The Facts: Under the rules of the Illinois legislature, only yes votes count toward passage of a bill. Planned Parenthood calculated that a 'present' vote by Obama would encourage other senators to cast a similar vote, rather than voting for the legislation [and asked Obama to vote 'present' as a strategy]. NOW never endorsed the Planne Parenthood strategy of voting 'present,' saying "They were horrible bills, and we wanted no votes." Illinois NOW and Planned Parenthood had different voting strategies on the abortion issue. It was impossible for Obama to satisfy both groups at once.
AT A GLANCE
Expand access to contraception; reduce unintended pregnancy
- Reproductive Choice: Obama has been a consistent champion of reproductive choice and will make preserving a women's right to choose under Roe v. Wade a priority as president. Obama also supports expanded access to contraception, health information and preventive services to reduce unintended pregnancies.
- Protecting a Women's Right to Choose: Obama will make safeguarding women's rights under Roe v. Wade a priority. He opposes any constitutional amendment to overturn that decision.
- Reducing Unintended Pregnancy: Obama will work to reduce unintended pregnancy by guaranteeing equity in contraceptive coverage, providing sex education, and offering rape victims accurate information about emergency contraception.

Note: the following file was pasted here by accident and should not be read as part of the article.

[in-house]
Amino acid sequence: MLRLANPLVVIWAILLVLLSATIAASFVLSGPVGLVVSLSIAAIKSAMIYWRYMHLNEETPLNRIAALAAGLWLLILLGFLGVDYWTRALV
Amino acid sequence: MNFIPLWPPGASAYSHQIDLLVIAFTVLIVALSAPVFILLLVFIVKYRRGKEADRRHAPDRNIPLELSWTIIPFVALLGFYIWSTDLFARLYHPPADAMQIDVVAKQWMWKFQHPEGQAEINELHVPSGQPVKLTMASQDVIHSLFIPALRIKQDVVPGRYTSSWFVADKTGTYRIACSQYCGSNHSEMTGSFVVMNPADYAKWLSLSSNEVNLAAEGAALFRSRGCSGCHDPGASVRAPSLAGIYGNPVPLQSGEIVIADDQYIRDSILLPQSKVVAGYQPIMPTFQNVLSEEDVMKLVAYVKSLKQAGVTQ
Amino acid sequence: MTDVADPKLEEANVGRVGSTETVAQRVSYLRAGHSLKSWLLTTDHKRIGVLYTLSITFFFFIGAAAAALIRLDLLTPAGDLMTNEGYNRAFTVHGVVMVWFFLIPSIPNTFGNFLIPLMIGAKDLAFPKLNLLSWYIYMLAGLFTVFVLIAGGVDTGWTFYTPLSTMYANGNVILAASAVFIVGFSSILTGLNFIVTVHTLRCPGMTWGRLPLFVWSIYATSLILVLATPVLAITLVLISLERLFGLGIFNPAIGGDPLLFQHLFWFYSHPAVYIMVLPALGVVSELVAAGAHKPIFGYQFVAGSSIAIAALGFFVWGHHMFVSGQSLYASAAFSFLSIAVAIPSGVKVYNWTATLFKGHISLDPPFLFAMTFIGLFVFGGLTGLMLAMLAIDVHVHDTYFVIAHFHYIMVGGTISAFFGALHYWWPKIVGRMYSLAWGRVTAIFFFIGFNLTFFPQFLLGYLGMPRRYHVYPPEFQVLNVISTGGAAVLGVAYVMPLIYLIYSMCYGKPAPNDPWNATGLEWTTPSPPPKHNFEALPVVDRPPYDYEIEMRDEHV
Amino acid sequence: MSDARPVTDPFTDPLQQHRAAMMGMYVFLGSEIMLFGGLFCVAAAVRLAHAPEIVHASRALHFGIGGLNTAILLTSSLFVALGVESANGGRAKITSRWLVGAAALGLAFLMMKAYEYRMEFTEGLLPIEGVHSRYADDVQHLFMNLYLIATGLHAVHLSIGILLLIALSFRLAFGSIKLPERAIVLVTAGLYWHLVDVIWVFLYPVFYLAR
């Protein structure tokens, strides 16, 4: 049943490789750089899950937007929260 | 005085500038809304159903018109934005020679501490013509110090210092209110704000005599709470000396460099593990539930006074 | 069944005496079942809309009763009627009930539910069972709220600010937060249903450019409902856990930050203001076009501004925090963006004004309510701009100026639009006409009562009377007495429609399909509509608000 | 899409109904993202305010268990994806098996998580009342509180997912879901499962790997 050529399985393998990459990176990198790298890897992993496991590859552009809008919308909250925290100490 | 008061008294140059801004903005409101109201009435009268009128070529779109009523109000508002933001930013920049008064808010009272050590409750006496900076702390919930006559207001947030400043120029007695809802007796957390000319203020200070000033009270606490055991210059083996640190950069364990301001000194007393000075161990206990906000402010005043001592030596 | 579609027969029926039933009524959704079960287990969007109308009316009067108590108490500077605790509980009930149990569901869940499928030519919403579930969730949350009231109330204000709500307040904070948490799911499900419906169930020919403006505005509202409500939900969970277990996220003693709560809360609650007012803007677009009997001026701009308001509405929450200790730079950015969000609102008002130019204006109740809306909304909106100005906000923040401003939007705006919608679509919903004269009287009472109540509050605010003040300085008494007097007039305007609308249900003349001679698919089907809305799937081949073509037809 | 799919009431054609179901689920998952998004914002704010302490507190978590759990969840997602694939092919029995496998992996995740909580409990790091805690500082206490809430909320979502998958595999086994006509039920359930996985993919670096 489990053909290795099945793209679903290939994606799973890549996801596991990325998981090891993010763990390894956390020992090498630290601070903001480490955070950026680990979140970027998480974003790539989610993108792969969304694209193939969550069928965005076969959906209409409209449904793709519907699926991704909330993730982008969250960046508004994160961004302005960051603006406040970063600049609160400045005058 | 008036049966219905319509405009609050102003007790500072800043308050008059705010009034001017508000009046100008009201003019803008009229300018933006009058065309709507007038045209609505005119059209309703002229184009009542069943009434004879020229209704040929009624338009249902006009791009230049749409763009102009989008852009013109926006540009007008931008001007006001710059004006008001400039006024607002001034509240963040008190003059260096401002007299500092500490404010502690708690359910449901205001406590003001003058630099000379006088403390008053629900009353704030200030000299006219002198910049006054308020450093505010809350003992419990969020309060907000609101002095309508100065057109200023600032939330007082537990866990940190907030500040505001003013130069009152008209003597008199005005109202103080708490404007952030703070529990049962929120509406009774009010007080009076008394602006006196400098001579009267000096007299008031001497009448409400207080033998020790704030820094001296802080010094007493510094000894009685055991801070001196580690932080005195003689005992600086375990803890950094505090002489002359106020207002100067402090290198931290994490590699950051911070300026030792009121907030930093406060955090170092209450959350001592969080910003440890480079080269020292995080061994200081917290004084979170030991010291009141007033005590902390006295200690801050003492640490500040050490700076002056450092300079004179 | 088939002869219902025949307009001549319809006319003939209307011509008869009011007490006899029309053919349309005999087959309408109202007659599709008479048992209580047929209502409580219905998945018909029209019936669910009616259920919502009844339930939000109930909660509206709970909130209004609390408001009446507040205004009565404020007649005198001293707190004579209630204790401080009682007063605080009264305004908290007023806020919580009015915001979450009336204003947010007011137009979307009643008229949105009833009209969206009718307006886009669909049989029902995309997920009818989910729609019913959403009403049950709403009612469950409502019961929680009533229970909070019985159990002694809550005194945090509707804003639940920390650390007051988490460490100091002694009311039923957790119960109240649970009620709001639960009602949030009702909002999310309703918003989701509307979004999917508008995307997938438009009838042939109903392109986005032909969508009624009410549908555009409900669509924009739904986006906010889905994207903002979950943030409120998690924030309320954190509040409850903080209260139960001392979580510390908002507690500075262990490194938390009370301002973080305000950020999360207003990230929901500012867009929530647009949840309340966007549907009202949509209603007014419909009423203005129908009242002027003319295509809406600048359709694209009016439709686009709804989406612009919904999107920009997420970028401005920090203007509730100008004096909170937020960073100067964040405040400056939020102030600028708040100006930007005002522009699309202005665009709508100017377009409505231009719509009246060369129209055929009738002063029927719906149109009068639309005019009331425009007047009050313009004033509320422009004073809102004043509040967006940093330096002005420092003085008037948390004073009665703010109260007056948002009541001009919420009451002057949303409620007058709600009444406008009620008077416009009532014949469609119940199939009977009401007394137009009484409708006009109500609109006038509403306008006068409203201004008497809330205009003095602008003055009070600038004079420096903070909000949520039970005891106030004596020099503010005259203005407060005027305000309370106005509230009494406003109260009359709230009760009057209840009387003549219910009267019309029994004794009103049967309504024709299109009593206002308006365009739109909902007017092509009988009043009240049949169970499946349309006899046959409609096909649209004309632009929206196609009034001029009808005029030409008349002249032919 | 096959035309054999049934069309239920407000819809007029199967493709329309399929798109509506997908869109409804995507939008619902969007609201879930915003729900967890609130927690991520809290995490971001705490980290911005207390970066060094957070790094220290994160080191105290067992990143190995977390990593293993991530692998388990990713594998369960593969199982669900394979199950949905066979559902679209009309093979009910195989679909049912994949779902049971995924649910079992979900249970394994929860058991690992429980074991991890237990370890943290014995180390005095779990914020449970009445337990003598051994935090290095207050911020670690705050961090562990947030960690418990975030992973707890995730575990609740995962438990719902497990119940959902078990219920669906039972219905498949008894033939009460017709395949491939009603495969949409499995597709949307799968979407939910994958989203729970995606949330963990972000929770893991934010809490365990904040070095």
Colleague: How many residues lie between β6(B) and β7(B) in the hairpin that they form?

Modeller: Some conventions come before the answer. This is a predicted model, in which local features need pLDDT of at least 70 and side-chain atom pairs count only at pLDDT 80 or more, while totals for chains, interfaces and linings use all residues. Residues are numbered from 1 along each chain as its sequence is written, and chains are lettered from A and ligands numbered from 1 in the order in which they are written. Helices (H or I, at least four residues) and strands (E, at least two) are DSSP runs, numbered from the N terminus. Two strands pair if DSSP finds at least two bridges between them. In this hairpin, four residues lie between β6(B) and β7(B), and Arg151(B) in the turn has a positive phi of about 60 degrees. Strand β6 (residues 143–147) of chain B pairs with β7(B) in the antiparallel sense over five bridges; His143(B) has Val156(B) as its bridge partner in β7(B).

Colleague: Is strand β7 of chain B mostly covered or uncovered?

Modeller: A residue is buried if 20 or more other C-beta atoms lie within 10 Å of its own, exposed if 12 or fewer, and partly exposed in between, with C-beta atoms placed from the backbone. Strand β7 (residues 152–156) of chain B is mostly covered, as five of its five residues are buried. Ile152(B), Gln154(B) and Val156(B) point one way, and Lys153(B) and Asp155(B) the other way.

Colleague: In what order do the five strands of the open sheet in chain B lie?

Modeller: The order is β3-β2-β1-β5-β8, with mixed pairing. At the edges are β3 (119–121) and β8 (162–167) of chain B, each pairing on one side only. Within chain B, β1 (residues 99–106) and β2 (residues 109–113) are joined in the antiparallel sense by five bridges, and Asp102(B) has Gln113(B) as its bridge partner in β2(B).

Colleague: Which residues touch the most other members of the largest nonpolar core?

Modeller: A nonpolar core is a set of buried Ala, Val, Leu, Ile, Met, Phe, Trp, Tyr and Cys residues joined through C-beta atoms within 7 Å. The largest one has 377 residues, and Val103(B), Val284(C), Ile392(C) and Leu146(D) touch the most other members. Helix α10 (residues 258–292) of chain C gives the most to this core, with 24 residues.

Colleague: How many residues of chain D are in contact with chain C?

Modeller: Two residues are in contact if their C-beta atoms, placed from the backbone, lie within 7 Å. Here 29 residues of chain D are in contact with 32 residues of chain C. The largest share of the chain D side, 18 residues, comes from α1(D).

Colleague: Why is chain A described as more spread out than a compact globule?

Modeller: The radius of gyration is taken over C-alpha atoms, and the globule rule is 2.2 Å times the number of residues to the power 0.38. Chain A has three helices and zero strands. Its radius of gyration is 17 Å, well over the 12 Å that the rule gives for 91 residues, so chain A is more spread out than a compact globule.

- Throughout his career, in both the Illinois Senate & the US Senate, Obama has stood up for a women's right to choose, consistently earning 100% ratings from pro-choice groups.
Sen. Obama received the following scores on NARAL Pro-Choice America's Congressional Record on Choice.
Rated 100% by NARAL on pro-choice votes in 2005, 2006 & 2007
- 2007: 100 percent
- 2006: 100 percent
- 2005: 100 percent
Obama's record in Illinois represents that of a pragmatic progressive, who pushed for moderate reforms and opposed right-wing legislation. In the IL legislature, voting "present" is the equivalent of voting "no" because a majority of "yes" votes are required for passage. Many IL legislators use the "present" vote as an evasion on an unpopular choice, so that they can avoid being targeted for voting "no." During the 2004 Democratic primary, an opponent mocked Obama's "present" vote on abortion bills with flyers portraying a rubber duck and the words, "He ducked!".